We all know cancer is a catastrophic life event. The simple words “you have cancer” is devastating. Its not just emotional and mentally devastating but it can also be financially devastating.
Just last year, I had a healthy 50 something client go for her annual mammogram. She was in shock when she learned she had stage 4 breast cancer that would require not only chemotherapy but also a double mastectomy. One of her first calls was to me as her agent to see how we would navigate this with her insurance and her finances.
According to the American Cancer Society, there were over 1.7 million new cases of cancer in 2019. 140,000 of those cases were under 45 and the remainder for over 45 years. The cases were virtually 50/50 male vs female. So, no matter of your age or gender you are.
The good news for cancer is increasing survivability rates. Over 5 years, the survivability for whites went from 39% to 70% and for African Americans it with from 27% to 64%. Obviously, we have gotten better at detecting cancer early and treating.
So what does cancer cost? In 2015 cancer was estimated to cost $80.2 Billion dollars. 52% of that costs was hospital outpatient/doctor costs. 38% of that total was from inpatient hospital costs. It is also estimated that cancer costs $94 Billion in lost income earnings due to cancer.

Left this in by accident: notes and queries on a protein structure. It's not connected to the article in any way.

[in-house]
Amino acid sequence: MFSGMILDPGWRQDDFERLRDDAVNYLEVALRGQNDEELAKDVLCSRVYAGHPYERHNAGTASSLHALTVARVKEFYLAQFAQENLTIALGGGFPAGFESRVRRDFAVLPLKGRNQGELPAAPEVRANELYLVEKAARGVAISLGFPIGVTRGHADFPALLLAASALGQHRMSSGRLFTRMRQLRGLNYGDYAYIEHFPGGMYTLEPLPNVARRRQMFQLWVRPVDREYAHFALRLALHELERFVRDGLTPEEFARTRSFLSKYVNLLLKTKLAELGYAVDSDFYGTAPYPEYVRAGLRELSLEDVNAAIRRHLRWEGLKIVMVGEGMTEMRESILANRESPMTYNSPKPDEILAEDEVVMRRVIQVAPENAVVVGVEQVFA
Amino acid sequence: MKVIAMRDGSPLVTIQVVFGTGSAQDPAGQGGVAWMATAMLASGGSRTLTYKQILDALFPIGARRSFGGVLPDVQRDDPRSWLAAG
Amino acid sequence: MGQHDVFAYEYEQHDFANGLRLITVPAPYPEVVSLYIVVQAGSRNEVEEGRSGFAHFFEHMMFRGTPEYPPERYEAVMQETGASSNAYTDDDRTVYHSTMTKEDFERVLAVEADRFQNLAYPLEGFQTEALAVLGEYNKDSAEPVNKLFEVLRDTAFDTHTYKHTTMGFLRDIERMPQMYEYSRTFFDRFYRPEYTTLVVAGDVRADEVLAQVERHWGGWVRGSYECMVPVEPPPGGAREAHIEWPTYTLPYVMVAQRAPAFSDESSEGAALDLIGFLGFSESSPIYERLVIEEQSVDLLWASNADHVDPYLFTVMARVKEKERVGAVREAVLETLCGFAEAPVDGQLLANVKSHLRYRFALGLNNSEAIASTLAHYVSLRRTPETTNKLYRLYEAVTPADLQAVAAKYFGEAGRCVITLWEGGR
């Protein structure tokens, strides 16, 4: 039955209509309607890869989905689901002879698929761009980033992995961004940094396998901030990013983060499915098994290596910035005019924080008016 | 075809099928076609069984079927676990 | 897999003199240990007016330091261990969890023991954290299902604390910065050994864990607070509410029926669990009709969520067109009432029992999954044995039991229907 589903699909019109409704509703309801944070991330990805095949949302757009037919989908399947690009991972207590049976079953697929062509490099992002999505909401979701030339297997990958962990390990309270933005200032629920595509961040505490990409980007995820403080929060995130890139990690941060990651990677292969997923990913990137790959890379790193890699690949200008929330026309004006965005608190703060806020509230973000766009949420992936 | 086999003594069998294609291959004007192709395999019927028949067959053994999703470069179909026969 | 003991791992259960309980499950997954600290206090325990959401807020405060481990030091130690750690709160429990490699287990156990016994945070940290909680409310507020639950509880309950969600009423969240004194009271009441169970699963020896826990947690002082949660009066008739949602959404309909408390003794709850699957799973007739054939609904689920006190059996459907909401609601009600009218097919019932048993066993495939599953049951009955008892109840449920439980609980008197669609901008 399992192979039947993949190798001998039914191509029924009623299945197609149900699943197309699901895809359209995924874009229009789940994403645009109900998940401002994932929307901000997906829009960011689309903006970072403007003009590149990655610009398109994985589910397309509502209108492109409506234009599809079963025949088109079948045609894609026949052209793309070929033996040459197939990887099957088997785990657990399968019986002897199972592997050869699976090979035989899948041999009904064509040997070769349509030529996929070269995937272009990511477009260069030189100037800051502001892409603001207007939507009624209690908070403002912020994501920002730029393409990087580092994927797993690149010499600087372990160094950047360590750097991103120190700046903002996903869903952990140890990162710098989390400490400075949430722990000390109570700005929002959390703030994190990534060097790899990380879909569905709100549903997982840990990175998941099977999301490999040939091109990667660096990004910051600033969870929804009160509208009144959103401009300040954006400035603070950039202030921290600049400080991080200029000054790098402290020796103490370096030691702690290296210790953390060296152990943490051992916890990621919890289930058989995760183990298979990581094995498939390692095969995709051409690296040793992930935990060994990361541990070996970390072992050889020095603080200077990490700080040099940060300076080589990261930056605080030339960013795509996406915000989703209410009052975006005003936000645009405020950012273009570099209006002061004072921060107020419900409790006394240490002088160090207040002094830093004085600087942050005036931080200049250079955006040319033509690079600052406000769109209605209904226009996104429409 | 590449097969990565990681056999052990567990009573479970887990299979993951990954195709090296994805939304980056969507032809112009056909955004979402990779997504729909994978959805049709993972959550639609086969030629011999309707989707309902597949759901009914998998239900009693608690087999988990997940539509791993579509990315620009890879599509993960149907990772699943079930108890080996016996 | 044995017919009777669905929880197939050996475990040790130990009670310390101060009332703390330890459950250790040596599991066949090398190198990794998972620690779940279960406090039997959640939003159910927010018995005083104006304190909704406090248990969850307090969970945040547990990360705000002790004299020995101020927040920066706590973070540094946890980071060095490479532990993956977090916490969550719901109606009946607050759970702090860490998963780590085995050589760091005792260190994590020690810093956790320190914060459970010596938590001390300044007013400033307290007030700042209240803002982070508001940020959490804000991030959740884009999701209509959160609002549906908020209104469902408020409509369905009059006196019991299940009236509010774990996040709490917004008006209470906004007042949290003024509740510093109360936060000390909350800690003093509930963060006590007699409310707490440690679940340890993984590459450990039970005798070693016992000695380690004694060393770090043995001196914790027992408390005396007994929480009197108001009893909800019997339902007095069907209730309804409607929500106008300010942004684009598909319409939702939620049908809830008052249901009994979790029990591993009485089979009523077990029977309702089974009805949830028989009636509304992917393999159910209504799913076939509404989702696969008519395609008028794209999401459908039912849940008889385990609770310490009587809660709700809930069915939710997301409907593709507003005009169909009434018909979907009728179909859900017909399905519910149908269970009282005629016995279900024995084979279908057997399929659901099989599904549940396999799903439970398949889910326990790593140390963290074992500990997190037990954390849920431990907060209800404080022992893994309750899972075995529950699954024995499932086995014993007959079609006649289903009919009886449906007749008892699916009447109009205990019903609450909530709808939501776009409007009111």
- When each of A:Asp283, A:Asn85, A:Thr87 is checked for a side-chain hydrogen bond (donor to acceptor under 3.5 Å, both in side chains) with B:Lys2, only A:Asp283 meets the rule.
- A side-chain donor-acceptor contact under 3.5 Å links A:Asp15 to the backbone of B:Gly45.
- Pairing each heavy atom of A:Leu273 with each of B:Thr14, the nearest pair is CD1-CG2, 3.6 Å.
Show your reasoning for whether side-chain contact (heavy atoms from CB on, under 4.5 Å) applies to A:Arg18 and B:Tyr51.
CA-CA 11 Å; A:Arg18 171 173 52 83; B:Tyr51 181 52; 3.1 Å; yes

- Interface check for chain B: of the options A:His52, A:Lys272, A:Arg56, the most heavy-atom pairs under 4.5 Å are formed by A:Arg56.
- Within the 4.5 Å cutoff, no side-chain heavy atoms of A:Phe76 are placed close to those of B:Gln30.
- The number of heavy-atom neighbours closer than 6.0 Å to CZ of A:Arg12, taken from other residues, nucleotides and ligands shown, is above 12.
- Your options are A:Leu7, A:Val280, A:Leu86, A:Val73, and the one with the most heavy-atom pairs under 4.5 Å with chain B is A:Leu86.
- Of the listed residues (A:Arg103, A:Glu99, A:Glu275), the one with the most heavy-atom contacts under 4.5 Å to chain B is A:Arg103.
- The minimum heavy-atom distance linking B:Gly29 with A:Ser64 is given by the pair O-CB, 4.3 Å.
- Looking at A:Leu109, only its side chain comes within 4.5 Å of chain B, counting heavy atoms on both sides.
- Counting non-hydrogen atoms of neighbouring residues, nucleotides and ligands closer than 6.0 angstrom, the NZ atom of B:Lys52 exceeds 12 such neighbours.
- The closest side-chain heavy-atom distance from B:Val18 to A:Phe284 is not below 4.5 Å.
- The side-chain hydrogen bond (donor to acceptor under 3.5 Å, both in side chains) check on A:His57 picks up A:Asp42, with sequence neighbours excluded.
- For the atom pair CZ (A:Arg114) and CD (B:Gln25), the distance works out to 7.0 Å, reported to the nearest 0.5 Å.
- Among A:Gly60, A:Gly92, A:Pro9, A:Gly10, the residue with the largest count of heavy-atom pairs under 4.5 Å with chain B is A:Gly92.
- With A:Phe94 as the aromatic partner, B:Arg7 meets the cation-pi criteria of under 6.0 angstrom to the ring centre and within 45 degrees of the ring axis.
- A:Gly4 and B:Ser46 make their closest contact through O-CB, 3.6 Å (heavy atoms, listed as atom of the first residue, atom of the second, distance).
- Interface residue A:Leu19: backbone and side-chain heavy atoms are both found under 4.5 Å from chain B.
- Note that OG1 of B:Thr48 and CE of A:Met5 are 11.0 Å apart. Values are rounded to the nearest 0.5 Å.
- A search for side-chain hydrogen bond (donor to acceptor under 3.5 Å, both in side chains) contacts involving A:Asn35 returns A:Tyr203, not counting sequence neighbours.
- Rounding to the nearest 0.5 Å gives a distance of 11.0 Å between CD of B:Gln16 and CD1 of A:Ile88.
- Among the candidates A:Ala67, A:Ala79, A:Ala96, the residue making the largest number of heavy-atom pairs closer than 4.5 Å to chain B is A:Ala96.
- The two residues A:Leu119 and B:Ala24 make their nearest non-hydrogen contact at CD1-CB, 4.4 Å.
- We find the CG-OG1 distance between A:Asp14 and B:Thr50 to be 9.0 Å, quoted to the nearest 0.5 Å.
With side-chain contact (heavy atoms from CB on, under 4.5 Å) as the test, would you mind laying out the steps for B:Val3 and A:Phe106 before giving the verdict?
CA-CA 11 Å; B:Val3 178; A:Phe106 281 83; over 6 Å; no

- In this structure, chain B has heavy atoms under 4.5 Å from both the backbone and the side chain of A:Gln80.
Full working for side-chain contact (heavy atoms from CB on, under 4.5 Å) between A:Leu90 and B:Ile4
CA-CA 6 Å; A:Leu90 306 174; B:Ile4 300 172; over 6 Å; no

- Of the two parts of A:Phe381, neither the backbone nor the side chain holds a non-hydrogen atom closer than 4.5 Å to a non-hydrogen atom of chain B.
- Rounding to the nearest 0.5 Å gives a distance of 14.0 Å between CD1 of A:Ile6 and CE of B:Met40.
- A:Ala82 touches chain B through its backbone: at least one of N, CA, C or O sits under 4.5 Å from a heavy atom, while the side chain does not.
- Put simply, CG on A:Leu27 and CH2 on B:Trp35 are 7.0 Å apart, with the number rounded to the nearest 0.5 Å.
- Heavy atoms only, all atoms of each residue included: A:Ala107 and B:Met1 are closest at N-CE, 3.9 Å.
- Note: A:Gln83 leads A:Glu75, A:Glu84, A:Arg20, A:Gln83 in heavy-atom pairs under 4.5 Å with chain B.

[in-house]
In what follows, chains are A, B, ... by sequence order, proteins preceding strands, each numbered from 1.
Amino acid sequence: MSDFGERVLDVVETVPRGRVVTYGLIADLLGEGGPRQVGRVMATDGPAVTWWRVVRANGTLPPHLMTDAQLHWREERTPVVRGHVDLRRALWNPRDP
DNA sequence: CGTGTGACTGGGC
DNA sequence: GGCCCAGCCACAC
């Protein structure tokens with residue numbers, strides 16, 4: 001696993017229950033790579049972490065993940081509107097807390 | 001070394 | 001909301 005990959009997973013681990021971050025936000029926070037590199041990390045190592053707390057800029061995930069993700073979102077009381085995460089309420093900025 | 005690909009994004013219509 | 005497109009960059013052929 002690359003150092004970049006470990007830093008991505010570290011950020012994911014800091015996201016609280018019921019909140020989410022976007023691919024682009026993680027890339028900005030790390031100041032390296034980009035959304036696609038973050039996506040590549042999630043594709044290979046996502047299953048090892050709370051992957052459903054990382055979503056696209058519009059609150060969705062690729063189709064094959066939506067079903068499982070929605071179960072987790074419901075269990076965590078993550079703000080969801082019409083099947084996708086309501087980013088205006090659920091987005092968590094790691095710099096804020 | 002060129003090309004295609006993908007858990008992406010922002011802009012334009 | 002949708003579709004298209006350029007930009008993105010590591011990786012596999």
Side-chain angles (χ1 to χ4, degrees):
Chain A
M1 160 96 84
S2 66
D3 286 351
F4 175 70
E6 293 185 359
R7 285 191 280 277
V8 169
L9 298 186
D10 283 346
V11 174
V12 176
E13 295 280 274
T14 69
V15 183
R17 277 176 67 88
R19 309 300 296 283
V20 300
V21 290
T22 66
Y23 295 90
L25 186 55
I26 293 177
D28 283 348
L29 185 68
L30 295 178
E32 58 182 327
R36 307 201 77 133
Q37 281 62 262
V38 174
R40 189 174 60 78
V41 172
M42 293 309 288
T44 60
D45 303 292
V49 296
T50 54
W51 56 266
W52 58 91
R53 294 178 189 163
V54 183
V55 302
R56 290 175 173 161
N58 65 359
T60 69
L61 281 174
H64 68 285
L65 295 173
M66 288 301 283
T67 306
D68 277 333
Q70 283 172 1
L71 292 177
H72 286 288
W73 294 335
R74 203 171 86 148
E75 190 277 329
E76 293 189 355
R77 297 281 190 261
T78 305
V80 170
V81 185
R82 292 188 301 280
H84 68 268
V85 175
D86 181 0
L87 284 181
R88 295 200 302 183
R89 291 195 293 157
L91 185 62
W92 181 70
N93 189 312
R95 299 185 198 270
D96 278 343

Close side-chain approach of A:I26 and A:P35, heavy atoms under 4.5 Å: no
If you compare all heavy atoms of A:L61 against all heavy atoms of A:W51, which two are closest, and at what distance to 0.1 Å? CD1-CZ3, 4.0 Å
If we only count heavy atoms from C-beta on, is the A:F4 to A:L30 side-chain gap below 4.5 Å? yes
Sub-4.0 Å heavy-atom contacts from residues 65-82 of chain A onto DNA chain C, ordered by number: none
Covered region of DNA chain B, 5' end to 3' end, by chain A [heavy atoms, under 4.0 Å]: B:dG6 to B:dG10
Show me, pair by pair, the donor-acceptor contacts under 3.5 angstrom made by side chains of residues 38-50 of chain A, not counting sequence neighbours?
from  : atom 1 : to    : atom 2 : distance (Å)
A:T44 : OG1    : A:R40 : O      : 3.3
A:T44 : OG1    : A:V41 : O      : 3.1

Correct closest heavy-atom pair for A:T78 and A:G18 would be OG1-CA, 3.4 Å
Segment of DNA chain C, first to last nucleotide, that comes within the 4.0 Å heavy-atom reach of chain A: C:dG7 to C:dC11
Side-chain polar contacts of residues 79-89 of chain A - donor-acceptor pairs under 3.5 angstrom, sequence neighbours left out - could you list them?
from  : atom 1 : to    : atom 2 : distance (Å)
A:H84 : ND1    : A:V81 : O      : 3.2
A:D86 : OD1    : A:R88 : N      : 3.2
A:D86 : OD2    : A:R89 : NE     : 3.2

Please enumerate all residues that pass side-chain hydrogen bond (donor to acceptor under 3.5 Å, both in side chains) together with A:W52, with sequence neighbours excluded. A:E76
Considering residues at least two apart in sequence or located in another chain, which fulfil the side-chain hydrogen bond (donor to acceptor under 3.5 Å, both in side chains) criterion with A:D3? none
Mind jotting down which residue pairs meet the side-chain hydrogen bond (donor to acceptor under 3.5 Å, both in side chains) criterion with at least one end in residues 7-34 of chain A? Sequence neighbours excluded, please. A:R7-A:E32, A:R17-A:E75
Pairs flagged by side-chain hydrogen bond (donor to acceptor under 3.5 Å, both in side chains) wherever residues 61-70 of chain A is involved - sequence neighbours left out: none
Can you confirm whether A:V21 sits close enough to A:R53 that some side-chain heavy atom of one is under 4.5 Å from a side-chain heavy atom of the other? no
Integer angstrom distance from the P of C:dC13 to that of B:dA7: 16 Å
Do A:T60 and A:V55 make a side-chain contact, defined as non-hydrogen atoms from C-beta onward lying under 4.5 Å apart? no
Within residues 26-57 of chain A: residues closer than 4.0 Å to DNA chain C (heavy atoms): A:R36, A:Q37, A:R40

Cancer not only affects the person diagnosed but also affects the whole family and even friends. Cancer diagnosis will often require over night stays in hotels while the patient gets treated. Lost wages affect the whole family.
So why a cancer plan? Some will say I have great insurance, I don’t need it. As I said how do you replace wages? How do you pay for the out of town trips for treatment? This can mean $1000s in money. A simple cancer plan help you replace this lost income and pay for out of town expenses as well as even pay your deductible on your health plan.
Many companies offer plans for cancer. Cigna, United, BCBS, and many smaller companies all offer competing plans. These plans work very simply. They pay a preset amount upon diagnosis of cancer. Most of these plans pay anywhere from $5,000 too as mush as $100,000. The premiums are very affordable. Most plans are just a few dollars a day. As you can imagine, a $25,000 policy would help pay for months of lost wages and travel as well as help cover the plan deductible.
Here is the link to the pdf from the American cancer society I used.